Spike Lee opens BlacKkKlansman with the classic shot from Gone with the Wind of Scarlett O’Hara walking among hundreds of wounded and dead soldiers in Atlanta, the camera pulling back to reveal the Confederate flag in tatters. Then he segues into snippets from D.W. Griffith’s The Birth of a Nation. Later we see images of white nationalists marching in Charlottesville in 2017, the clash of protesters that left Heather Heyer dead and President Donald Trump’s comments about “very fine people on both sides.”

What do these have to do with a 1970s detective story?

Nothing. And everything.

Lee is making statements about race, racism and social justice. His point: Not much has changed in America. Not since the 1860s. Not since 1915, when The Birth of a Nation helped revitalize the Ku Klux Klan.

He also inserts several not-so-veiled (OK, super-obvious) references to “Making America Great,” “America First” and hate in the era of Trump.

But if BlacKkKlansman were only a politically charged message movie, it might not have much appeal at the multiplex. On the contrary, in addition to the hot social issues, Lee has created a terrifically compelling film filled with wonderful performances.

Best of all, it’s based on a true story. Or, as the introductory words on screen tell us: “Dis Joint is Based on Some Fo’ Real, Fo’ Real S***.”

In 1974, when Ron Stallworth joined the police force in Colorado Springs, Colo., he was its first and only black officer. His captain called him the “Jackie Robinson” of the department.

Four years later, when he was working in intelligence, he happened upon a newspaper ad for the KKK. He called the number, hurled some racist and anti-Semitic epithets and said he wanted to join. Stallworth, who said he could “speak the king’s English or jive,” passed as white on the phone. Thus began an undercover operation and a bizarre odyssey.

Stallworth’s real-life KKK investigation started in 1978, but Lee has condensed the events and set them about five years earlier, when movies like Superfly and Cleopatra Jones were all the rage, and folks were grooving to R&B gems like Too Late to Turn Back Now by Cornelius Brothers & Sister Rose.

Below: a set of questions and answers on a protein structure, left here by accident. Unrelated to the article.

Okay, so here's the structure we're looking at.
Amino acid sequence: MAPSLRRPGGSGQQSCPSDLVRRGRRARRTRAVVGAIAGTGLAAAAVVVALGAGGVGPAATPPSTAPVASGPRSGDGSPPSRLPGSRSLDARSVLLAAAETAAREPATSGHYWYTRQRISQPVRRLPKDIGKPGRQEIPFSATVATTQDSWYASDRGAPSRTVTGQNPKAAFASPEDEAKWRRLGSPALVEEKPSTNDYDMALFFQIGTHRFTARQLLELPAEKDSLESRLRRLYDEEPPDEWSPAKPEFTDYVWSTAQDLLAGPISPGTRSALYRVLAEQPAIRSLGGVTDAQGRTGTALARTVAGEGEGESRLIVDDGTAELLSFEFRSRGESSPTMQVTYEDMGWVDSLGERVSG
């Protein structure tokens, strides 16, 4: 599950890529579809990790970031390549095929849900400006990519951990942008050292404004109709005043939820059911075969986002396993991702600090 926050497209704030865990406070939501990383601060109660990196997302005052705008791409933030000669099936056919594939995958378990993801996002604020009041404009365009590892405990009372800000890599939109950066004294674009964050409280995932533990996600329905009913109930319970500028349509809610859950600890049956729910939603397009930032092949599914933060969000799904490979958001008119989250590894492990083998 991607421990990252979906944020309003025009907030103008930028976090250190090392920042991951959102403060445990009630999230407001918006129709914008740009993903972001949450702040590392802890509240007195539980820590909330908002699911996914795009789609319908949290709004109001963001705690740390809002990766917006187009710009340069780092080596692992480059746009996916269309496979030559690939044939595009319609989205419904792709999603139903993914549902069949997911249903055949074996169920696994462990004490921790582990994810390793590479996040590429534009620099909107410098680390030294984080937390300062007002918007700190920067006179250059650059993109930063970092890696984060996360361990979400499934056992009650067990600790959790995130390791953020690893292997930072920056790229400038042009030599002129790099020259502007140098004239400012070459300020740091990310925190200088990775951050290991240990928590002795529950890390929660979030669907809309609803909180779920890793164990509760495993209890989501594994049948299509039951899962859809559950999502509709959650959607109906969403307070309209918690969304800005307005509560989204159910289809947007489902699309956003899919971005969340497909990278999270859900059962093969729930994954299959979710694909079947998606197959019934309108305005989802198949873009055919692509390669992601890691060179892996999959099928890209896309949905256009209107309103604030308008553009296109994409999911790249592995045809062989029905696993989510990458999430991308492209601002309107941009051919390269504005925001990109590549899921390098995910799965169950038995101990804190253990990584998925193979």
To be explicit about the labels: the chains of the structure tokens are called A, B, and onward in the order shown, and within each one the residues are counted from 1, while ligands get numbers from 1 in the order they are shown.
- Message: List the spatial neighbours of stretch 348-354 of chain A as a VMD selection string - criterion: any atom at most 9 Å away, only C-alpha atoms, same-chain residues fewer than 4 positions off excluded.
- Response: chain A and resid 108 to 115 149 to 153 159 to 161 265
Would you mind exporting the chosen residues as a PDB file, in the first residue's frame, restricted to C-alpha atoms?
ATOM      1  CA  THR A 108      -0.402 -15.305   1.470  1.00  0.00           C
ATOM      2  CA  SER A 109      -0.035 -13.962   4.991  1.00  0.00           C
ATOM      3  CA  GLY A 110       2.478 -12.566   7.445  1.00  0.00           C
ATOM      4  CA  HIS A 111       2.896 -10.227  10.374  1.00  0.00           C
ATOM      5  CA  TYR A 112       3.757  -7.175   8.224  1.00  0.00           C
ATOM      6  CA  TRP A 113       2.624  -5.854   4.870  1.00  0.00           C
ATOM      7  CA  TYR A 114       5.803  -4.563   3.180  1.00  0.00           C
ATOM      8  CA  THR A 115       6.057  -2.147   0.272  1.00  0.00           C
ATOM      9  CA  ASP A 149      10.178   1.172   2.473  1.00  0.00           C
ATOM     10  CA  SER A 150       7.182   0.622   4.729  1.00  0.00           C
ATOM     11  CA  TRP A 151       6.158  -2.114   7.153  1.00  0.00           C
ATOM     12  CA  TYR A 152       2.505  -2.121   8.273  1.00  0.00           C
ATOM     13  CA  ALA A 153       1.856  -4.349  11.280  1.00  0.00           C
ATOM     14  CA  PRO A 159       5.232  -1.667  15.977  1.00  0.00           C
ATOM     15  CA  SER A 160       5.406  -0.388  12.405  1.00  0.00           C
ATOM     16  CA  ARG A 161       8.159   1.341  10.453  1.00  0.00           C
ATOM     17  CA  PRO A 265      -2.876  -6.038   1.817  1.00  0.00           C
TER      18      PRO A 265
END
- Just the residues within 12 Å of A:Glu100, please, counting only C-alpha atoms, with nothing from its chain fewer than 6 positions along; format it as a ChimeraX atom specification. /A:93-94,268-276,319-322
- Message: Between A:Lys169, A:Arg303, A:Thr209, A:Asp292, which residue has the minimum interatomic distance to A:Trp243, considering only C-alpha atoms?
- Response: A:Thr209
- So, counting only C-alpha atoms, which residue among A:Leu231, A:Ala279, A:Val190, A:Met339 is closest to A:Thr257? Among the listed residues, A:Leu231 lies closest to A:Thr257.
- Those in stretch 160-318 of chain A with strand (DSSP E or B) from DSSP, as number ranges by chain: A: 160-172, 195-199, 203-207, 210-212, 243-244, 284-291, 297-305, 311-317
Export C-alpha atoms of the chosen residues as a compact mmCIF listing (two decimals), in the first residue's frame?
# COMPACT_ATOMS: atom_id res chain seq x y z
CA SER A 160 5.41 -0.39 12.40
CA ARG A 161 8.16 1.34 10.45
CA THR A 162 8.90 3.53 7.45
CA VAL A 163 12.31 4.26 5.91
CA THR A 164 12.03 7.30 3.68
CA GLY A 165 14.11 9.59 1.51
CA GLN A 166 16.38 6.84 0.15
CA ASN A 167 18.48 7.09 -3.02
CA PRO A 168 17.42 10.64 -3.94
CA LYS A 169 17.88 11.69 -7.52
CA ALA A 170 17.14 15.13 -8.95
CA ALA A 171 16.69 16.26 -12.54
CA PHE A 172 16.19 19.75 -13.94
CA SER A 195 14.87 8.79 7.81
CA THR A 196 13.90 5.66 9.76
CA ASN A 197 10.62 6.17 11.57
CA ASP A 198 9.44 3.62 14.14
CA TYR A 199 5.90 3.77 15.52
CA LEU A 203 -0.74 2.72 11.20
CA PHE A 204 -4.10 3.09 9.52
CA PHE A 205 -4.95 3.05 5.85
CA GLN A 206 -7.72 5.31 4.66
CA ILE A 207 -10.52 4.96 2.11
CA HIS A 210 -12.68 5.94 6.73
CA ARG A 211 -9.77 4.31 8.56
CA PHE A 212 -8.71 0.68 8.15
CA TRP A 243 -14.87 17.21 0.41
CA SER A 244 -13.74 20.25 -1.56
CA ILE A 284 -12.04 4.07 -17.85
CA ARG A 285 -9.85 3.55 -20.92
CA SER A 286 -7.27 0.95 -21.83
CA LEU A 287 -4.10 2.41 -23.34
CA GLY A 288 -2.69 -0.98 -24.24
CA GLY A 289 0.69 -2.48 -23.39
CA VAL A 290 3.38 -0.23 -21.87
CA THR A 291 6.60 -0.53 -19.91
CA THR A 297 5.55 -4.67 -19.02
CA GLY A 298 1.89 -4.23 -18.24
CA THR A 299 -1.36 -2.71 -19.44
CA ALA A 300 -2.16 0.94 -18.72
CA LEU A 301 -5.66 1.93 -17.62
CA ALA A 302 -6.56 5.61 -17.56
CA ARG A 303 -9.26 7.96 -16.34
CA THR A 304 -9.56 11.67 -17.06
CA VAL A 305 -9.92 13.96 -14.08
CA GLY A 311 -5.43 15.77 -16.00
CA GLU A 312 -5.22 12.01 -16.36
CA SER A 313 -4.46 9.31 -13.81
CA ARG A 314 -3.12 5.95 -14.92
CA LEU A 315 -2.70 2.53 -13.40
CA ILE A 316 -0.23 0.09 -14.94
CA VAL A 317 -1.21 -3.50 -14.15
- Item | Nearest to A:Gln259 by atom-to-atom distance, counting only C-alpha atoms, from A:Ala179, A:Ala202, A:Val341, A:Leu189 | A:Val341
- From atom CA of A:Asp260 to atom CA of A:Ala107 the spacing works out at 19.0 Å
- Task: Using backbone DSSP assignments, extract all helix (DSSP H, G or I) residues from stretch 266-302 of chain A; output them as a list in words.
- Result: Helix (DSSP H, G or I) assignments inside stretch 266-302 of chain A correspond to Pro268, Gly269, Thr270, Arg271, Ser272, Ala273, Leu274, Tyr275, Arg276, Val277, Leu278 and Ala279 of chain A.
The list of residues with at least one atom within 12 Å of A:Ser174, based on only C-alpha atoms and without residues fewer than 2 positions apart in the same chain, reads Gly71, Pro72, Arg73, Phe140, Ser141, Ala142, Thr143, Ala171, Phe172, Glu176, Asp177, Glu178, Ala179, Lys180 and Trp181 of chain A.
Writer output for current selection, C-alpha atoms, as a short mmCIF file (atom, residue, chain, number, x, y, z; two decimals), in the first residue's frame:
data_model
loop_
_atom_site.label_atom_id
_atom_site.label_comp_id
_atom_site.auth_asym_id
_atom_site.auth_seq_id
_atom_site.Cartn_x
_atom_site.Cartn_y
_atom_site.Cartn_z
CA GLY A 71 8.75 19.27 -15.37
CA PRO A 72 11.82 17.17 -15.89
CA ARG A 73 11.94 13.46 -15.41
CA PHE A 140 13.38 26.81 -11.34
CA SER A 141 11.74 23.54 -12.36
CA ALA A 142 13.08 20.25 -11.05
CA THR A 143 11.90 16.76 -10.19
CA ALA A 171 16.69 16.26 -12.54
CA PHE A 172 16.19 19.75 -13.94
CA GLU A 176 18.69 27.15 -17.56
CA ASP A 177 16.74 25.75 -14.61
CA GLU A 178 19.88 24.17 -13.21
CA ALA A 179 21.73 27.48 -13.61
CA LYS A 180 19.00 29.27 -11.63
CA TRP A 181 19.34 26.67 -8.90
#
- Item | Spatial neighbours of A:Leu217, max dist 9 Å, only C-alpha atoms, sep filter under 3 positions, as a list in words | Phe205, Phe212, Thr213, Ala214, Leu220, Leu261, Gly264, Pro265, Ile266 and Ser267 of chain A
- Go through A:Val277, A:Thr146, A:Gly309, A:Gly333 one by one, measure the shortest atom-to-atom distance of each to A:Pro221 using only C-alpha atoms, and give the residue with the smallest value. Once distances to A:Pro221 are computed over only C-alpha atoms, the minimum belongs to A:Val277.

John David Washington (son of Denzel) delivers an impressive performance as Stallworth, a man who has to figure out a way to co-exist with his white colleagues without selling his soul. When it’s time for the “white racist” Stallworth to meet the KKK members in person, undercover narcotics cop Flip Zimmerman (Adam Driver) steps in.

The faux Stallworth needs to prove his white supremacist bona fides before being allowed to join “The Invisible Empire” or “The Organization,” as the members prefer to call the Klan. The fee is only a few dollars, he is told, though “robes and hoods are extra.”

Soon Zimmerman, who is Jewish, is rubbing shoulders with an onerous crew led by Walter (Ryan Eggold), wild-eyed Jew-hater Felix (Jasper Paakkonen) and drunken doofus Ivanhoe (Paul Walter Hauser). They carry guns, practice by shooting at targets modeled after black men on the run and enjoy burning crosses — “our bread and butter.”

To add a level of absurdity, the KKK’s Grand Wizard David Duke (a suitably unctuous Topher Grace), travels from Louisiana to Colorado to rally the troops, and the real Stallworth is assigned to guard him.

The casting is spot on. Driver seems as if he’s been a detective for years, nicely underplaying. He’s world-weary, savvy in the ways of undercover work and also confronts what his Jewishness really means to him. His wisecracking partner, Jimmy, is played deftly by the nimble Michael Buscemi.

Also dropping in are Corey Hawkins as Kwame Ture, aka Stokely Carmichael, who delivers a fiery speech about black power to a group of students, and Alec Baldwin, who plays a crazed segregationist filming a vile propaganda message.

The great Harry Belafonte appears as a civil rights activist who recounts for students the story of Jesse Washington, a black man who was lynched, burned and mutilated by a mob in Texas in 1916. Lee deftly crosscuts this speech with a Klan initiation and baptism ritual.

Despite its heft, BlacKkKlansman, which is based on Stallworth’s book, is also filled with funny moments. (Should we be laughing, or crying, or both?)

Lee inherited the project from Jordan Peele, the comedian, director and Oscar-winning writer of last year’s Get Out. Peele called Lee out of the blue to see if he wanted to take it on. As Lee said recently in an interview on NBC, the whole thing sounds like a ridiculous Hollywood high-concept pitch: A black man infiltrates the KKK.

“It’s six words, that’s it,” Lee said. “At first, I thought it was a Dave Chappelle sketch.”

Clint O’Connor covers pop culture. He can be reached at 330-996-3582 or coconnor@thebeaconjournal.com. Follow him on Twitter @ClintOMovies.